“Data from the study also indicates the youth suicide attempt rate soared 55% from 2019 to 2021, and significantly more children and teens are receiving depression, anxiety and post-traumatic stress disorder diagnoses compared to pre-pandemic levels — up 12% between 2020 and 2021,” according to the release.
“This care crisis is also a cost crisis,” the report states, and that trend will continue this year. A Nomi Health claims analysis projects “a 186% increase in employer cost for 2023, at up to $4,000 per affected employee dependent, compared to approximately $1,400 in 2019.”
Other key findings
Additional findings from the study include:
- Inpatient care costs jump significantly once a youth hits their teens. In 2022, PMPY inpatient costs were $48 for elementary-age children, $502 for ages 13-15 and $624 for ages 16-19.
- The cost of youth mental health claims to employers was 27% higher for girls than boys in 2021-22 — up from a 20% gap in 2019. And the mental health diagnosis rate was 44% higher for girls than boys in the last year, compared to 26% higher in 2019.
The study “analyzed the mental health insurance claims of more than 156,000 patients ages 6-17 to reveal changes in employer spend, which is indicative of need and demand for care,” according to the release.
3. Medicare Advantage plans grow in popularity among large firms offering retiree health benefits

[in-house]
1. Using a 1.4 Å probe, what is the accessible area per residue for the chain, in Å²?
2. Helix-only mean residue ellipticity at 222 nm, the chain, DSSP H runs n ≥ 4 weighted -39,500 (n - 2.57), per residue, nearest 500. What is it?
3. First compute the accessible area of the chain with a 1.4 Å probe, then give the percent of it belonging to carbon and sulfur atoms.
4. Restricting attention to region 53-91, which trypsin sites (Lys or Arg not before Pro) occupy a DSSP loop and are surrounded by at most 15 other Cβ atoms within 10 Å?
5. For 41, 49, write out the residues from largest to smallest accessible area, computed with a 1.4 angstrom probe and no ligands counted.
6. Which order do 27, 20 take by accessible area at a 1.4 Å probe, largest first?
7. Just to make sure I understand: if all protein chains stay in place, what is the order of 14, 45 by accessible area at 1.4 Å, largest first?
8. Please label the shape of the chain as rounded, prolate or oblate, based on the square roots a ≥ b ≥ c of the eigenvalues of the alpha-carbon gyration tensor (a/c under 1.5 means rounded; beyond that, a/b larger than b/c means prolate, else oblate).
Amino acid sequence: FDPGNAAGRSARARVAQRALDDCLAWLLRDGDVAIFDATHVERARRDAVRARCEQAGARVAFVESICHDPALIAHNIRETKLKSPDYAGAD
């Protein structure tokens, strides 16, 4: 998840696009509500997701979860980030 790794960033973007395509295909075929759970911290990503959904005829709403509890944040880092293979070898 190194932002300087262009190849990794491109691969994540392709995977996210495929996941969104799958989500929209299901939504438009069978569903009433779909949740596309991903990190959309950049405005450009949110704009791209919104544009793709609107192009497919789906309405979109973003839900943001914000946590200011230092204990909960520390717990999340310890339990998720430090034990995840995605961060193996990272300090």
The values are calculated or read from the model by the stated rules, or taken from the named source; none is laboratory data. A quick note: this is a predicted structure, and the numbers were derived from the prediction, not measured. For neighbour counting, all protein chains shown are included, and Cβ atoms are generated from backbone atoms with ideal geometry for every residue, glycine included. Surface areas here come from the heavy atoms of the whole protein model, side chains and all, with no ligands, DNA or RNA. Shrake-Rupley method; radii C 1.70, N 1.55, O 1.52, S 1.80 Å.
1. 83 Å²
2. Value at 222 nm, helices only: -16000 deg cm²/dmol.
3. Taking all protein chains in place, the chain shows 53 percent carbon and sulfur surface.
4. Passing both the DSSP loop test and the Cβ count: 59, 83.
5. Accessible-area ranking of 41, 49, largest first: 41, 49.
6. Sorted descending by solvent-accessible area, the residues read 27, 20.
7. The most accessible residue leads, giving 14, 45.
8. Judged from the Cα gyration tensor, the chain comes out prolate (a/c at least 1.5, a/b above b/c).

Analysis of data from the 2022 KFF Employer Health Benefits Survey shows that 50%of large firms offering retiree health benefits did so through a Medicare Advantage plan in 2022, which is up from 26% in 2017, according to a Kaiser Family Foundation (KFF) press release. Large firms are defined as those with 200 or more workers.
Authors of an article posted Dec. 1 on the KFF website noted this move away from retiree health coverage that was “typically designed to coordinate or wrap around traditional Medicare … could have implications for retirees’ core Medicare benefits.” This would be particularly true “if the only option for retirees is a Medicare Advantage plan, which may impose restrictions, such as more limited provider networks and prior authorization requirements,” added the authors.
Other survey results show:
- 13% of large employers offered health benefits to Medicare-age retirees in 2022.
- About 44% of large employers that offer Medicare Advantage coverage to their retirees do not give retirees a choice of coverage options, while 56% do offer a choice.
- Among employers with 1,000 or more workers that offer retiree health benefits through a Medicare Advantage plan, lower cost was the most commonly cited reason.
HFMA bonus content
Read the article “For the No Surprises Act arbitration process, 2023 brings a steep fee hike and continuing litigation,” by Nick Hut, HFMA senior editor.
Listen to the Voices in Healthcare Finance podcast episode featuring HFMA Director of Perspectives & Analysis Shawn Stack and Senior Editor Nick Hut sharing insight on No Surprises, disruptors and everything else that made healthcare industry headlines in 2022.